Debra Messing has bucked the trend of Hollywood stars by remaining honest, full of life and humble. A milestone birthday hasn't slowed her down; it’s helped put things in perspective.
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There are many great things said about redheads. They are fiery and vibrant like Julia Roberts. Often, they are trailblazers like Lucille Ball. Thanks to porcelain skin and piercing eyes, some are considered ethereal, like Nicole Kidman and Florence Welch. In pop culture, they are often charged with particularly seductive and coquettish qualities. Debra Messing, star of cultish TV show Will & Grace, which recently relaunched after a decade on hiatus, manages to somehow check all of these inferable boxes.
Possibly as a reaction to her awe-inspiring mane,there is a quiet wisdom about this Brooklyn-born, Rhode Island-raised actress. But confusing her soft disposition for dissociative snob would be a mistake. Messing admits that years of crafting her boisterous characters have tought her the enviable skill of observation; an acquisition that has vastly enhanced her life and work. As a result the actress enjoys living in the moment with all of her senses keenly focused on awareness and gratitude.
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“It’s so amazing that we get to play this fantasy dress-up,” she says on the day of our cover shoot. Dressed in an understated ensemble of white shirt and black slacks, Messing submits to a team of beauty experts with ease, as photographer Ruven Afanador’s assistants busy themselves with lighting checks and equipment setup. Calm precides over the set without the simmering tension that often accompanies these artistic undertakings. “When I work with a team like this, I have no reason to be concerned,” the actress reveals. This profound observation does not apply only to this very moment on set—it very well could be a reflection of Messing’s current place in life. This 50-year-old, Emmy-awarded mom of one has embraced the notion that greatness is very much a collaborative effort.
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“Our show is such a great example of teamwork; we all bring something special and unique to it,” says Will & Grace’s titular protagonist. “But returning for a second round was certainly a gamble.”
A decade after a remarkable eight-season run, the ensemble cast that includes Messing along with Megan Mullally, Eric McCormack and Sean Hayes reprised their celebrated roles in what’s best described as Will & Grace2.0. Written and produced by the original team, including Max Mutchnick, David Kohan and James Burrows, the show is as razor-sharp-funny as ever.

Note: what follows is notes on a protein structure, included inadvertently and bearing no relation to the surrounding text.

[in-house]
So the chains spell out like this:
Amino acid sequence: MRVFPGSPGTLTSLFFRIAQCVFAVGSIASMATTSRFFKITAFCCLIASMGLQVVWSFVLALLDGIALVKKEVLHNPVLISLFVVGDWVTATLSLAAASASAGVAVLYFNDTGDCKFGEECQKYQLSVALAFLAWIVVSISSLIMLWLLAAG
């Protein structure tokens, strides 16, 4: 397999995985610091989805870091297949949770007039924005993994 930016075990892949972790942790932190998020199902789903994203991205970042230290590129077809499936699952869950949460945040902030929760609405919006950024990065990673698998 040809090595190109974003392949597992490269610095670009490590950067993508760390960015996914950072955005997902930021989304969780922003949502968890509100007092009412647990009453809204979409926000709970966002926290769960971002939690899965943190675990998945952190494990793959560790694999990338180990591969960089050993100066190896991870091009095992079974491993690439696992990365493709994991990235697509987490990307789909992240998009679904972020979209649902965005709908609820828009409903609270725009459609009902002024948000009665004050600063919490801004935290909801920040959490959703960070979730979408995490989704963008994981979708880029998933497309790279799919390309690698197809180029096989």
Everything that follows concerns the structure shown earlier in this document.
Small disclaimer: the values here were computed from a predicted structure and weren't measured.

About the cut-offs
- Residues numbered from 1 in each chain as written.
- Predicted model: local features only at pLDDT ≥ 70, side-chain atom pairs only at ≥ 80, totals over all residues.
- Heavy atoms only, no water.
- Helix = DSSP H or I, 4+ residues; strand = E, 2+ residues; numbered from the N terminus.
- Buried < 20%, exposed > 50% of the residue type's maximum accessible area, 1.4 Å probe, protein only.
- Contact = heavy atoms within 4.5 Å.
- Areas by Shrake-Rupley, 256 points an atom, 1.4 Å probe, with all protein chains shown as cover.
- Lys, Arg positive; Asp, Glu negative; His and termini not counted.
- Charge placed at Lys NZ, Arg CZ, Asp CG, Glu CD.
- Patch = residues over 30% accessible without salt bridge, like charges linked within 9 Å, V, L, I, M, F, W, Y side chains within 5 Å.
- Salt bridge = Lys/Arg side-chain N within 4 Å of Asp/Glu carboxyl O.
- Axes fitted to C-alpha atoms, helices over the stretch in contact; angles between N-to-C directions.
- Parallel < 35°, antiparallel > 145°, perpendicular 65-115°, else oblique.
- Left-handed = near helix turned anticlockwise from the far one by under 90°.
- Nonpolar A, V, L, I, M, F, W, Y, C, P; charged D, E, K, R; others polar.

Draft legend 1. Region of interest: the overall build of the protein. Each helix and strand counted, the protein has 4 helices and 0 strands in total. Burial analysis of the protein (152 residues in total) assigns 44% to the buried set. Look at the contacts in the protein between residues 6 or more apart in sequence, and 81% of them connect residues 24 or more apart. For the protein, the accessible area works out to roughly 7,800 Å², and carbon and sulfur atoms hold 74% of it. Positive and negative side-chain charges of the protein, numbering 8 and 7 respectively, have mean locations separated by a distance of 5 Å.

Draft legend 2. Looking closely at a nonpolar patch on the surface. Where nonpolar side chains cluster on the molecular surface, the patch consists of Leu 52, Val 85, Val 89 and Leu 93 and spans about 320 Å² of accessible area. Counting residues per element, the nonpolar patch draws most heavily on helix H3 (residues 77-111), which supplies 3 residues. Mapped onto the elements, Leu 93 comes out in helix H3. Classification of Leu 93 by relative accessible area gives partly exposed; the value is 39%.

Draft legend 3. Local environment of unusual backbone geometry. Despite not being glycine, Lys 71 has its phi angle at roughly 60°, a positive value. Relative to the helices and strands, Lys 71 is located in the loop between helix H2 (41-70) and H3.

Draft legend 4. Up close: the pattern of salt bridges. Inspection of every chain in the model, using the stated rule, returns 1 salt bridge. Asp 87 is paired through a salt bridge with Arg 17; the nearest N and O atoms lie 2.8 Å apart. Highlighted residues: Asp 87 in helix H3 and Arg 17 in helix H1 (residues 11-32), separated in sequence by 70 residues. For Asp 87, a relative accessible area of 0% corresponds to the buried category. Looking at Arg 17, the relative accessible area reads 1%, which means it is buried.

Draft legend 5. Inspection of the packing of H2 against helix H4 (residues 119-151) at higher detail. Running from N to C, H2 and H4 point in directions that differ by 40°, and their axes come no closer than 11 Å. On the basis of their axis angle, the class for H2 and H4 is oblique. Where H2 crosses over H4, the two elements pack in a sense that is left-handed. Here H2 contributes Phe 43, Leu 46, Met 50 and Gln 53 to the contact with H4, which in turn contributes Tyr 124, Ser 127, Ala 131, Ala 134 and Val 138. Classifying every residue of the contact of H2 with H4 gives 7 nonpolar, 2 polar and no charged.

Will & Grace’s return to television holds many meanings not only to Messing, but also to the show’s legion of loyal fans. For one, Mutchnick and Kohan have enlarged the canvas of thematic possibilities against which the show’s signature hysterical banter shines poignantly. Characters don’t shy away from today’s difficult political landscape nor social injustices. This crusade mimicks Messing’s own commitment to activism. She is a vocal advocate for various causes, including advancement for the LGBTQ community and Autistic youth. Through humor, Will & Grace demonstrates television’s nimble ability to address cultural zeitgeist without compromising its belly-aching good time. And Messing is very proud of this unique achievement.
The resurrection of her creative outlet to such fanfare not only solidified the appreciation for her comedic chops, but also spoke volumes about our collective embrace of middle-aged female characters who are unconventional, imperfect and in an unapologetic state of evolution. “I’m definitely a lot less stressed than I used to be,” Messing admits.
When asked how her greater sense of calm at work spills over into her personal life, Messing smiles. “We spend a lot of time in the Hamptons during summer,” she responds, her voice drifting off. “The farther you go out east, the more the calm takes over. There is something very similar about the Hamptons and Rhode Island, where I was raised. I can’t begin to tell you how great it is to see my son live through similar experiences I remember from my childhood, like walking on the beach or reading books in quiet.” These simple pleasures have put things in perspective for the actress. “I realize I’m a lot less ambitious than I used be,” she admits with a hearty laugh. “Before, it was all about the next thing, next job. My time with him, living in the moment, has so much more value.”